We witnessed the processions for Moharram, and for the final day, Ashura, in Bijar, which was a unique and deeply moving experience.
Every city, town and village in Iran will commemorate the slaying of Iman Hossein in 680 AD, with a ten day mourning period called Moharram, culminating in the one-but-last day, Tasu’a, and especially the last day, Ashura. In almost all these places, people express their sorrow by thumping their chests, or self-flagelating their shoulders and their backs with short chains. (In the past, they would even cut their heads, so that blood was steraming down their tunics.) Just in a few places in Iran, they do even more, they cover themselves with mud. Bijar is one such place. Which is why we went to Bijar for Ashura.
We arrived the evening before Tasu’a. Heading into town, we weren’t the only ones, lots of people went the same direction. As it turned out, the first procession had already started. A procession consists of many different groups of men – only men, at least for now -, some big, perhaps 50 people or more, others small, maybe ten or less. Everybody is dressed in black. Many of the groups have a car accompanying them, with a huge loudspeaker, blaring out chants about Hossein. Certain chants are picked up by the men in the group, as sign to collectively beat their chests, or their backs and shoulders. There is something very impressive in seeing so many people, at the same time, hit themselves, at the beat of a drum, at the rythm of a chant. Smaller groups push the heavy metal sculptures that we have seen in the previous days, now decorated with colourful feathers and flags, forwards, at certain times lifting the sculpture from is carriage, and hanging it onto one individual, who will single-handedly carry the weight, for a few meters, or as many as he can. Also, a very impressive sight. Then there are the drum bands, about ten men with various sizes drums which move in between the other groups; often, there is one other instrument, mostly a flute, but I have also seen a saxophone, playing a sensitive melody as a contrast to the drums. The highlight of the procession is the group that plays out the battle of Karbala, a few men, some of them on horseback, in red and yellow representing the bad guys, and another, in green, representing Hossein. Hossein is accompanied by a couple of children, also in green, who are invariably beaten by the bad guys every time the battle is re-enacted. Most of the play is actually the exchange of words between the bad guys and Hossein, words that, despite the microphones, are often drowned out by the sounds of the other groups, the car-mounted loudspeakers, the chanting and all the other noise – to the effect that alongside the procession a normal conversation is impossible.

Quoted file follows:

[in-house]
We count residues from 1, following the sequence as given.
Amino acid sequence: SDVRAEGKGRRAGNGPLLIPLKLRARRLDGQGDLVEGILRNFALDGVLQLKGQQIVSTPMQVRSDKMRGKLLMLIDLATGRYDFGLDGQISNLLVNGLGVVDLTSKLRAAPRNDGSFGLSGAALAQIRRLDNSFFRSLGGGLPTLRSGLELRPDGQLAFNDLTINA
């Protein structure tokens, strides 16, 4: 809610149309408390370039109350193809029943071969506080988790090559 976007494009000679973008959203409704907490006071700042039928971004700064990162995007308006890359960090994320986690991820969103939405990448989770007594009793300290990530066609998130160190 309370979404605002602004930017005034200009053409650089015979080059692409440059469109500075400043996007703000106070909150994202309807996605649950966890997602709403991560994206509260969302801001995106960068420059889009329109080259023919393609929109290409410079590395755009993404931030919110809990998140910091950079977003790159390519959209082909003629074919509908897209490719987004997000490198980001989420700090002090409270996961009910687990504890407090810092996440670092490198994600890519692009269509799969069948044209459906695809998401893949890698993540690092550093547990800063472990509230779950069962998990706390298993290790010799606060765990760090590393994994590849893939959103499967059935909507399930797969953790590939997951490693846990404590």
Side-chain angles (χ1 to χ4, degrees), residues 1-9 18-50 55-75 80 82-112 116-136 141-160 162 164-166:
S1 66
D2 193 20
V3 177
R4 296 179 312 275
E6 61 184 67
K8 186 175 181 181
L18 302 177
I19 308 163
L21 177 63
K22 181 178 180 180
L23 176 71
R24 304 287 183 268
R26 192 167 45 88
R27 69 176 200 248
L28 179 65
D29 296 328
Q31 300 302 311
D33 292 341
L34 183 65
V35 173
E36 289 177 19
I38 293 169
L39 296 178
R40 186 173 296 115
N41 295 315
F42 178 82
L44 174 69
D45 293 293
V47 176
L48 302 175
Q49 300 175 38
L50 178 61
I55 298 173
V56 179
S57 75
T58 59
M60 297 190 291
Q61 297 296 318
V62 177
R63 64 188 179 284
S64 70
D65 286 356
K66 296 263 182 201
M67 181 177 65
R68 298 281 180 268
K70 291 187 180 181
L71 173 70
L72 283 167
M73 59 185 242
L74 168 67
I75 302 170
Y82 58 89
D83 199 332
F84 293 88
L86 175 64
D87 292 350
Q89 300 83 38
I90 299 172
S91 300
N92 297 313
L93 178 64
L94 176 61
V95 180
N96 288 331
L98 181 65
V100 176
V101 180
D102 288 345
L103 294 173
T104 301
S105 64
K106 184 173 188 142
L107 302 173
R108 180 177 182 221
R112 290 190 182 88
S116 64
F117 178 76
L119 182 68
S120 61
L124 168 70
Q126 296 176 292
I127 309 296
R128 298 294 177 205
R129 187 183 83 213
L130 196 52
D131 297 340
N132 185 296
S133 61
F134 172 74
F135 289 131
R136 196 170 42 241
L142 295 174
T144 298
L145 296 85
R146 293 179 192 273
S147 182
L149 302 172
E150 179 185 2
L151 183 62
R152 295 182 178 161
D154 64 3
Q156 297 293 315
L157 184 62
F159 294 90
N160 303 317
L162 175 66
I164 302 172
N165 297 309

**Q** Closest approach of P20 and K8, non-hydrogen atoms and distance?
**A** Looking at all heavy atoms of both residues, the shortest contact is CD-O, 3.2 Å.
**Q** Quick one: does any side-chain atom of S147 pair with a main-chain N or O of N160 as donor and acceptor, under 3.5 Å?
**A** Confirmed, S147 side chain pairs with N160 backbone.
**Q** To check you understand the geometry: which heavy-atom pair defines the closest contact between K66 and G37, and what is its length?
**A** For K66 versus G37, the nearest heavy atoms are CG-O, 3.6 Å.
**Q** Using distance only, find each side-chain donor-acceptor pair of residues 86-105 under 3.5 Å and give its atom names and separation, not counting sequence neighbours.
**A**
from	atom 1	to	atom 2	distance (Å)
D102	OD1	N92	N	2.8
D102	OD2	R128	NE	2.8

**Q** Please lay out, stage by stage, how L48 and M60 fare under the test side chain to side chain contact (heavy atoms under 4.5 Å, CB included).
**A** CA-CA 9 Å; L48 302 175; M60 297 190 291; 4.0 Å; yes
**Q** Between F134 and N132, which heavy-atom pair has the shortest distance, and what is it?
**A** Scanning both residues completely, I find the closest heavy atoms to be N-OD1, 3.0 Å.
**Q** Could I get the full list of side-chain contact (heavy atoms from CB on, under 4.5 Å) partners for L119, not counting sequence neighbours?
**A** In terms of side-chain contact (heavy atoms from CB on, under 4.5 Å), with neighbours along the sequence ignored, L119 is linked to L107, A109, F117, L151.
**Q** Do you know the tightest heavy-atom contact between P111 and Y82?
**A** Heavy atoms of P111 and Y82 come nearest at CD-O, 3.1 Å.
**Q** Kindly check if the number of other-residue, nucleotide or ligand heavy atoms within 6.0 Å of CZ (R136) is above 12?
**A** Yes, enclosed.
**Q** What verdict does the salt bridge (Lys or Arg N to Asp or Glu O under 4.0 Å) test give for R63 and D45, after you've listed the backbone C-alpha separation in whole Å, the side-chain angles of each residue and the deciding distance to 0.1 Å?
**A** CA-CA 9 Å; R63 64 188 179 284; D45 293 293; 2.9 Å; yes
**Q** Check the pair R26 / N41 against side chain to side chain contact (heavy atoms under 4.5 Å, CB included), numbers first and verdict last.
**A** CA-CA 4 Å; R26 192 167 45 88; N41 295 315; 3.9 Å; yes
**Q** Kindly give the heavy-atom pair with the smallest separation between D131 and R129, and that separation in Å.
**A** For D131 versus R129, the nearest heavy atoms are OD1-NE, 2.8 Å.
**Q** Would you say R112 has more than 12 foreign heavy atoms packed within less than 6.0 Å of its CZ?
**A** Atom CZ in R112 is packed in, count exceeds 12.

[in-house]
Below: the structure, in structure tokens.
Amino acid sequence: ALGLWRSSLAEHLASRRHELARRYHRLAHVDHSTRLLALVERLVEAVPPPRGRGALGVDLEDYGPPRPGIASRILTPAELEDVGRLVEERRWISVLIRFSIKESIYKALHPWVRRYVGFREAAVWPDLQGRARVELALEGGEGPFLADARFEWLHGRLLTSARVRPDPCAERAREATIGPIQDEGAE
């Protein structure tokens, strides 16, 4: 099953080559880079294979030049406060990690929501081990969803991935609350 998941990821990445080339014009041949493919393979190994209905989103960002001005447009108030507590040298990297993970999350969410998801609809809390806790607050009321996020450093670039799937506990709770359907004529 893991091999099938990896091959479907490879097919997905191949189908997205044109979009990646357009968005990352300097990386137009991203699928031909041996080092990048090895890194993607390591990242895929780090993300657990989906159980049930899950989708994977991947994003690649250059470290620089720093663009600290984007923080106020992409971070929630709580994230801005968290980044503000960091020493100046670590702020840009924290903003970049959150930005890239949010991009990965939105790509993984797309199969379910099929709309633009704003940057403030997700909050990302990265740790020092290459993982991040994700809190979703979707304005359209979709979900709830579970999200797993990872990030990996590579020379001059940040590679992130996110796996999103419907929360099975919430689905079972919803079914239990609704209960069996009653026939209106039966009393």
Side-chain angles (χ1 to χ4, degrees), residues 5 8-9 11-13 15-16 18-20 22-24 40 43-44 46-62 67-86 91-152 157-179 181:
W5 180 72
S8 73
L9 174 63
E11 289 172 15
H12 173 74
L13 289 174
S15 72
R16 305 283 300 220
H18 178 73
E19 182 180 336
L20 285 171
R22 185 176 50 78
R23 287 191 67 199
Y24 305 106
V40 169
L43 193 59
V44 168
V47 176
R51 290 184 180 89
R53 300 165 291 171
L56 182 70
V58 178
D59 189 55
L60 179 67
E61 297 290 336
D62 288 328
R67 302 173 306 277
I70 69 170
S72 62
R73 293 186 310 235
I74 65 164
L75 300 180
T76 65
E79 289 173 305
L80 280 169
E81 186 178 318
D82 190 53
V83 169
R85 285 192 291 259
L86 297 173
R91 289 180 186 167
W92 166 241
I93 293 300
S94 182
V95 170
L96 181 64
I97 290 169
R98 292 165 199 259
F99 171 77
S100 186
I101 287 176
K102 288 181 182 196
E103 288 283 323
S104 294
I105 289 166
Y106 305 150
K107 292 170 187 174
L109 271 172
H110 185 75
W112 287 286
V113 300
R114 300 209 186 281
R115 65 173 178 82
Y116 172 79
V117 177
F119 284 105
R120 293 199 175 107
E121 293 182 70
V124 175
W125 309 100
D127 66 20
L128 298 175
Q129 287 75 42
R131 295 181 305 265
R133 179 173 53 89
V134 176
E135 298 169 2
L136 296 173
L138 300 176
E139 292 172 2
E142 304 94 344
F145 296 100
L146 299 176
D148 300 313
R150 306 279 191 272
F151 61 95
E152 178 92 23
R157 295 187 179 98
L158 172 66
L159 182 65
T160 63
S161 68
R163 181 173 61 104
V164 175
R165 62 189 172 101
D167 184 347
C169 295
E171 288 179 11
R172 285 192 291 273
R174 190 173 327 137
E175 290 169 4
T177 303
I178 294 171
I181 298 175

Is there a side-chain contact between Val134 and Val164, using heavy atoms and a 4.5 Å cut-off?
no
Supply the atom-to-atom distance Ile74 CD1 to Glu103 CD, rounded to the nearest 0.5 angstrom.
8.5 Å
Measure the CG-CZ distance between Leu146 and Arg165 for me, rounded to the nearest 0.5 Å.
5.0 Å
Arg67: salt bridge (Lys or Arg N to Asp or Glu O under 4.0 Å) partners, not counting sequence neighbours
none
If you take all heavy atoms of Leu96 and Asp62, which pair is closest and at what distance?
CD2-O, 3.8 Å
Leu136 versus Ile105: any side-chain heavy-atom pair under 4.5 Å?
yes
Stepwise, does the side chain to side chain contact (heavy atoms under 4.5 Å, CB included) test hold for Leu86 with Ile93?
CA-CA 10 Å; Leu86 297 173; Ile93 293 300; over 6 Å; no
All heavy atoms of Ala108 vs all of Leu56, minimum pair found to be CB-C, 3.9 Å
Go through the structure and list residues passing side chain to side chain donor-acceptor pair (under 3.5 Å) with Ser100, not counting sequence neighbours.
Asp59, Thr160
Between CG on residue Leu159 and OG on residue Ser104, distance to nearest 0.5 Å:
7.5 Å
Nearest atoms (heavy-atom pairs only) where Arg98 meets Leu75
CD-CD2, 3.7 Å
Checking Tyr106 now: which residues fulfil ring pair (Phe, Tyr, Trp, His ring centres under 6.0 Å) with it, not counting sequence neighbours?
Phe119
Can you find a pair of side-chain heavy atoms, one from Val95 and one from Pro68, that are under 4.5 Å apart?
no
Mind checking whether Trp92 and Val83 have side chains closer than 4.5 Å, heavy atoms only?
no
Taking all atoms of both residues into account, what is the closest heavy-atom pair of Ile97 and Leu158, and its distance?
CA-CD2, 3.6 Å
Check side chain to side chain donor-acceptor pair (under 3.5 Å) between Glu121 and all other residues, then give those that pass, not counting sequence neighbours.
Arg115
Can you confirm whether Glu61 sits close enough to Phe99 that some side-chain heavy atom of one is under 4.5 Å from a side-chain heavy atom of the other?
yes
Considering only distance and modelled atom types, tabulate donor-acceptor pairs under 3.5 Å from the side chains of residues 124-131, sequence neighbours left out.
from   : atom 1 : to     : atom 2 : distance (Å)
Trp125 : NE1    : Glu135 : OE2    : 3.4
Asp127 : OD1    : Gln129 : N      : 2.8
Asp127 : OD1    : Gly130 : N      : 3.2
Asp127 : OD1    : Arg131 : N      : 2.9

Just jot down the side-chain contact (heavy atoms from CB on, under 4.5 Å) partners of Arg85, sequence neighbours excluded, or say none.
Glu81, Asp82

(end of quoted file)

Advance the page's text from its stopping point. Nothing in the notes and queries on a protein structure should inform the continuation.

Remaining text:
The whole thing has something of a carnaval parade, except that the atmosphere is – despite the noise – introvert, humble, sombre, in line with the idea of mourning. The moving forward goes very slowly, every so many meters the whole caravan stops and repeats their activity, whether on horseback or with the chains. For the side of the street is packed with spectators: the women and children (although plenty of small boys walk in the parade, too, complete with their own, smaller and lighter, chains). Some have brought chairs, other have spread a carpet; they are here for the long haul, so much is clear. And they are actively participating in the mourning, too, I have seen many women cry along the route, like I have seen men cry, genuinely cry, whilst performing their rituals in the parade. And something else: Bijar has about 45,000 inhabitants, and they seem to be all here, the size of the parade and the number of spectators is, once again, really impressive.
The procession continued for hours on end, into the evening. The lights go on, which adds to the atmosphere. And the next day, Tasu’a, the entire town assembles once again, and continues where they left the day before. Only now we were present for the beginning of the parade, at around three in the afternoon, and witnessed some of the preparations. Which include the slaughtering of several sheep and cows, and drain the blood in rivulets across the streets. Obviously part of the ritual, as well, and something nobody winks at, really; small children find it one of the more exciting parts of the happening, and need to see every gory detail, before the rush to the next sheep ready for the knife. And indeed, paying more attention, we now notice sheep tied up all along the route, awaiting their turn. Every culture has their own ways, their own rituals.
In the mean time, people go round with tea, or cold drinks, or sweets, or dates, which are being presented to the spectators and the participants alike, and to us outsiders, too. At various locations along the route tents have been erected where tea is being prepared, but individual people, too, carry trays or boxes with food which they give away freely. Which is equally part of the culture. We are some of the very few foreigners around, and quickly become an attraction in its own right, people want to know where we are from, what we think of the ceremony – they ask whether we know about Hossein, and whether they need to explain it to us. But in a genuinely sharing way, friendly, trying to be helpful. There is never a hint of animosity.
(this story continues here, with text and photos of the mud-rich final day of Ashura)